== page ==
Book: Armada

Armada by Ernest Cline

Summary: A flying saucer appears in front of Zack Lightman. Not just any flying saucer, but one from the video game he has been religiously playing. Is he going crazy? Or is he becoming like his deceased dad, who journaled crazy stories of video game conspiracies? Think of this as Last Starfighter meets a mature video game industry.

Rating: This book is pure young adult. In particular, young adult male nerd. Yep, a nerdy dude who plays video games finds that his skills there translate over to a grand adventure, including a fairly painful set of scenes in which, yes, he gets the girl. On the other hand, it’s a rather fun romp through some nostalgic computer and science fiction history, so I’d definitely recommend this to my 13 year old self. Maybe this is what it would have been like to read Ender’s game as an adult when it came out? Not nearly as good as the author’s previous “Ready Player One”.

Book: Black Hole Blues and Other Songs from Outer Space

Black Hole Blues and Other Songs from Outer Space by Janna Levin

Summary: As an undergraduate physics major at Caltech one of the constant backgrounds of the physics department was its involvement in the Laser Interferometer Gravitational-Wave Observatory (LIGO). Many of my friends did undergraduate research (SURFs) with LIGO, others went on to become professors who were part of LIGOs scientific collaboration. I took a single quarter of General Relativity from Kip Thorne, my god those homework sets were challenging, and remember learning the basics of how gravitational waves work along with the challenge of convincing ourselves that the waves were an actual prediction of Einstein’s general theory of relativity (even Einstein oscillated on this point.) I also remember quite distinctly hearing about chaos in the project itself, mumblings about its large size, and criticisms in the larger physics (and astronomy) community about whether LIGO would succeed. In 2016 the LIGO collaboration reported the first direct detection of gravitational waves from the collision of two black holes.

Janna Levin has written a wonderfully human story about the challenges behind conceiving, funding, and then eventually building LIGO. This is a story less about the science itself (though the descriptions of this are excellent) but more about the journey and the people. With access to many of the main players the book is made up of a a series of chapters focusing on different key players and events. Kip Thorne, Rainer Weiss, and Ron Drever are the three physicists at the heart of the story, but there are other equally important characters like Robert Vogt (early director) and Joseph Webber (early controversial pioneer of gravitational wave detection). Dr. Levin does a wonderful job weaving together this history with her own personal interviews of these larger than life characters.

Rating: (taken from my amazon review). I adored this book, mostly because it gives you a different perspective into the world of big physics experiments and how they are originally conceived and then carried to completion. This book isn’t the kind of pop science whose main goal is trying to convey the challenging science of theoretical physics (not saying that these bad, just that this is no that book!), instead this the story of the personal journeys that occur along the way to an amazing achievement like LIGO. With direct access to many of the main players in the collaboration, the book spends different chapters on their different perspectives of the history and controversies (and oh there were a lot) behind LIGO. The closest comparison for the style of this book is “The Soul of a New Machine”, Tracy Kidder’s description of the race to build a new microcomputer. Similar to that book by the time you finish this one you come away even more amazed at the successes of large engineering and science projects, and also see them as the result of an at times messy and chaotic process, not just the result of a “we had an idea” and “then we built it” process. If you dig getting perspective on scientists and their journeys to discovery, this book is perfect for you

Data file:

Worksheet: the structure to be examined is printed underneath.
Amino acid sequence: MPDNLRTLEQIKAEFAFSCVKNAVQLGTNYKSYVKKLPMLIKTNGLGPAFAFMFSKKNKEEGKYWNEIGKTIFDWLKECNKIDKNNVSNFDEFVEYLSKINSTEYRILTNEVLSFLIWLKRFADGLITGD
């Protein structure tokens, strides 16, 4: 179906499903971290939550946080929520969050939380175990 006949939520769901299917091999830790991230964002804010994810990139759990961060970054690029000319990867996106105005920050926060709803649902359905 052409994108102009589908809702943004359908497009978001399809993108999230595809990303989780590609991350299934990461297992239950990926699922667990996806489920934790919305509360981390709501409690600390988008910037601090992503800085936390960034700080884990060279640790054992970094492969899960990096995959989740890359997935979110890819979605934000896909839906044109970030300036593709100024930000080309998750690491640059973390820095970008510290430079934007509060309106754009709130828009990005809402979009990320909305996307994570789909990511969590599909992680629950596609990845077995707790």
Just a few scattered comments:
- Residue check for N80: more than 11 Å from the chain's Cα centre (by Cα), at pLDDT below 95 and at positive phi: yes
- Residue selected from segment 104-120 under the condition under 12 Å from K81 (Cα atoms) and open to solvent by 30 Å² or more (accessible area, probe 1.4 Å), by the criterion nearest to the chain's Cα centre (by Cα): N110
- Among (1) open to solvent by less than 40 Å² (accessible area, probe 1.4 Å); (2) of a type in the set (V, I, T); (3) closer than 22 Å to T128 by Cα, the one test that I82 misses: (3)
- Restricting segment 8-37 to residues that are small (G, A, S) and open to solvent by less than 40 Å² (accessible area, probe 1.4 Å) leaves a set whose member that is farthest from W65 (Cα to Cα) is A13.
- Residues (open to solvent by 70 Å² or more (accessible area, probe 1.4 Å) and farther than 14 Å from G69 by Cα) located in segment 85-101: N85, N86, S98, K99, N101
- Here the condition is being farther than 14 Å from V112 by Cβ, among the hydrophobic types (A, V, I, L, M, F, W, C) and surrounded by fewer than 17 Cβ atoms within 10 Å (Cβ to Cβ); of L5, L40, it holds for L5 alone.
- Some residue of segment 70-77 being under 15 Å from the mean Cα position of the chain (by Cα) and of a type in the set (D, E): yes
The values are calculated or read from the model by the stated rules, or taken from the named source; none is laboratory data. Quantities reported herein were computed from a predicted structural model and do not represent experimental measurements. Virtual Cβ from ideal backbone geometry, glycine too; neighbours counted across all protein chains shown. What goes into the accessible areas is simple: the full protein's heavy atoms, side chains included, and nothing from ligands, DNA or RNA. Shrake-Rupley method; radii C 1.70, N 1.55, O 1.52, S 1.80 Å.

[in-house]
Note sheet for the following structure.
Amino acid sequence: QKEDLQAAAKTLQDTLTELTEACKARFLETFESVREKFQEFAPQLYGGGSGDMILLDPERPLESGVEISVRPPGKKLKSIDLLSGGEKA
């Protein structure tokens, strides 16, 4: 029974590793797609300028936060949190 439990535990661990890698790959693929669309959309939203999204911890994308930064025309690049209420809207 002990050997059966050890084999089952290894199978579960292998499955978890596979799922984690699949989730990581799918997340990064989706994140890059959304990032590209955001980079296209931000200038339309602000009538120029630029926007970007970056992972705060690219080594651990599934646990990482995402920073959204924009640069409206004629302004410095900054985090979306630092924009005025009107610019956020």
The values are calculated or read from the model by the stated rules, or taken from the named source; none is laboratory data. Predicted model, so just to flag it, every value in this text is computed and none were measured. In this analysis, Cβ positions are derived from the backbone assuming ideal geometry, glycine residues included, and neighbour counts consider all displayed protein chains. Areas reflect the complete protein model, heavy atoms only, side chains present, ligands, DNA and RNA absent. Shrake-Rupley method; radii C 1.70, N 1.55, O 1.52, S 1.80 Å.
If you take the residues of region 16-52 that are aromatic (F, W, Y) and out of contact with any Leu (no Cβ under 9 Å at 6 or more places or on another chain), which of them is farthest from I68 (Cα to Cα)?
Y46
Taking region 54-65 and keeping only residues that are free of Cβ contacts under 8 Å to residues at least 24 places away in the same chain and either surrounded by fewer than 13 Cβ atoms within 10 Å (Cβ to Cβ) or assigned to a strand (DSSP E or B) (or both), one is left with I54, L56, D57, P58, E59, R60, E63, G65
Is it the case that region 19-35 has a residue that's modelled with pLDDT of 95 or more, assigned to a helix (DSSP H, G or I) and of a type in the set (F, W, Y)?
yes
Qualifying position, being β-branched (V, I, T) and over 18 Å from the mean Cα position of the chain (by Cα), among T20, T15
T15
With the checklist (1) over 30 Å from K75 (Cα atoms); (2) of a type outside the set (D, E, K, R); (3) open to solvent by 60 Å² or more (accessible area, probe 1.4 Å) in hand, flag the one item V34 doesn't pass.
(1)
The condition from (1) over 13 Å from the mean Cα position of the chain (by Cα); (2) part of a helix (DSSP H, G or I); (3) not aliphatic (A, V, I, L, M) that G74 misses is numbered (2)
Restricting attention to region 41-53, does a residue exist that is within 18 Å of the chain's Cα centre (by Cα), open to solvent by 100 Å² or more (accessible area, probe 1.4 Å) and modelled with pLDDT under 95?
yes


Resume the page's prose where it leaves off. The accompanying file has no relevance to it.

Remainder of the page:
Book: Aurora

Aurora by Kim Stanley Robinson

Summary: An ark story of a journey to a nearby star, told by an interesting narrator. Like all good hard science fiction, proposes a variant on one of the solutions to the Fermi paradox. Lots of exploration of the social and biological challenges of survival on a journey to the stars. The later especially noteworthy as often overlooked in hard science fiction.

Rating: The plot, such as it is, is not particularly gripping. But the ideas and thoughts put in to the hard science part of the novel make this one worth the read.

Book: The Player of Games

The Player of Games (A Culture Novel Book 2) by Iain M. Banks

Summary: In the Culture universe technology has progressed so that society is satiated.  Jernau Morat Gurgeh is a master game player, respected and dominate in the Culture when the opportunity arises to play an exotic game, a game which a nascent civilization uses to enforce it’s totalitarian government.  A musing on games, the shock of fascism, and the future.

Rating: A good romp through a fun universe, if you’ve been following Alpha Go you’ll dig this.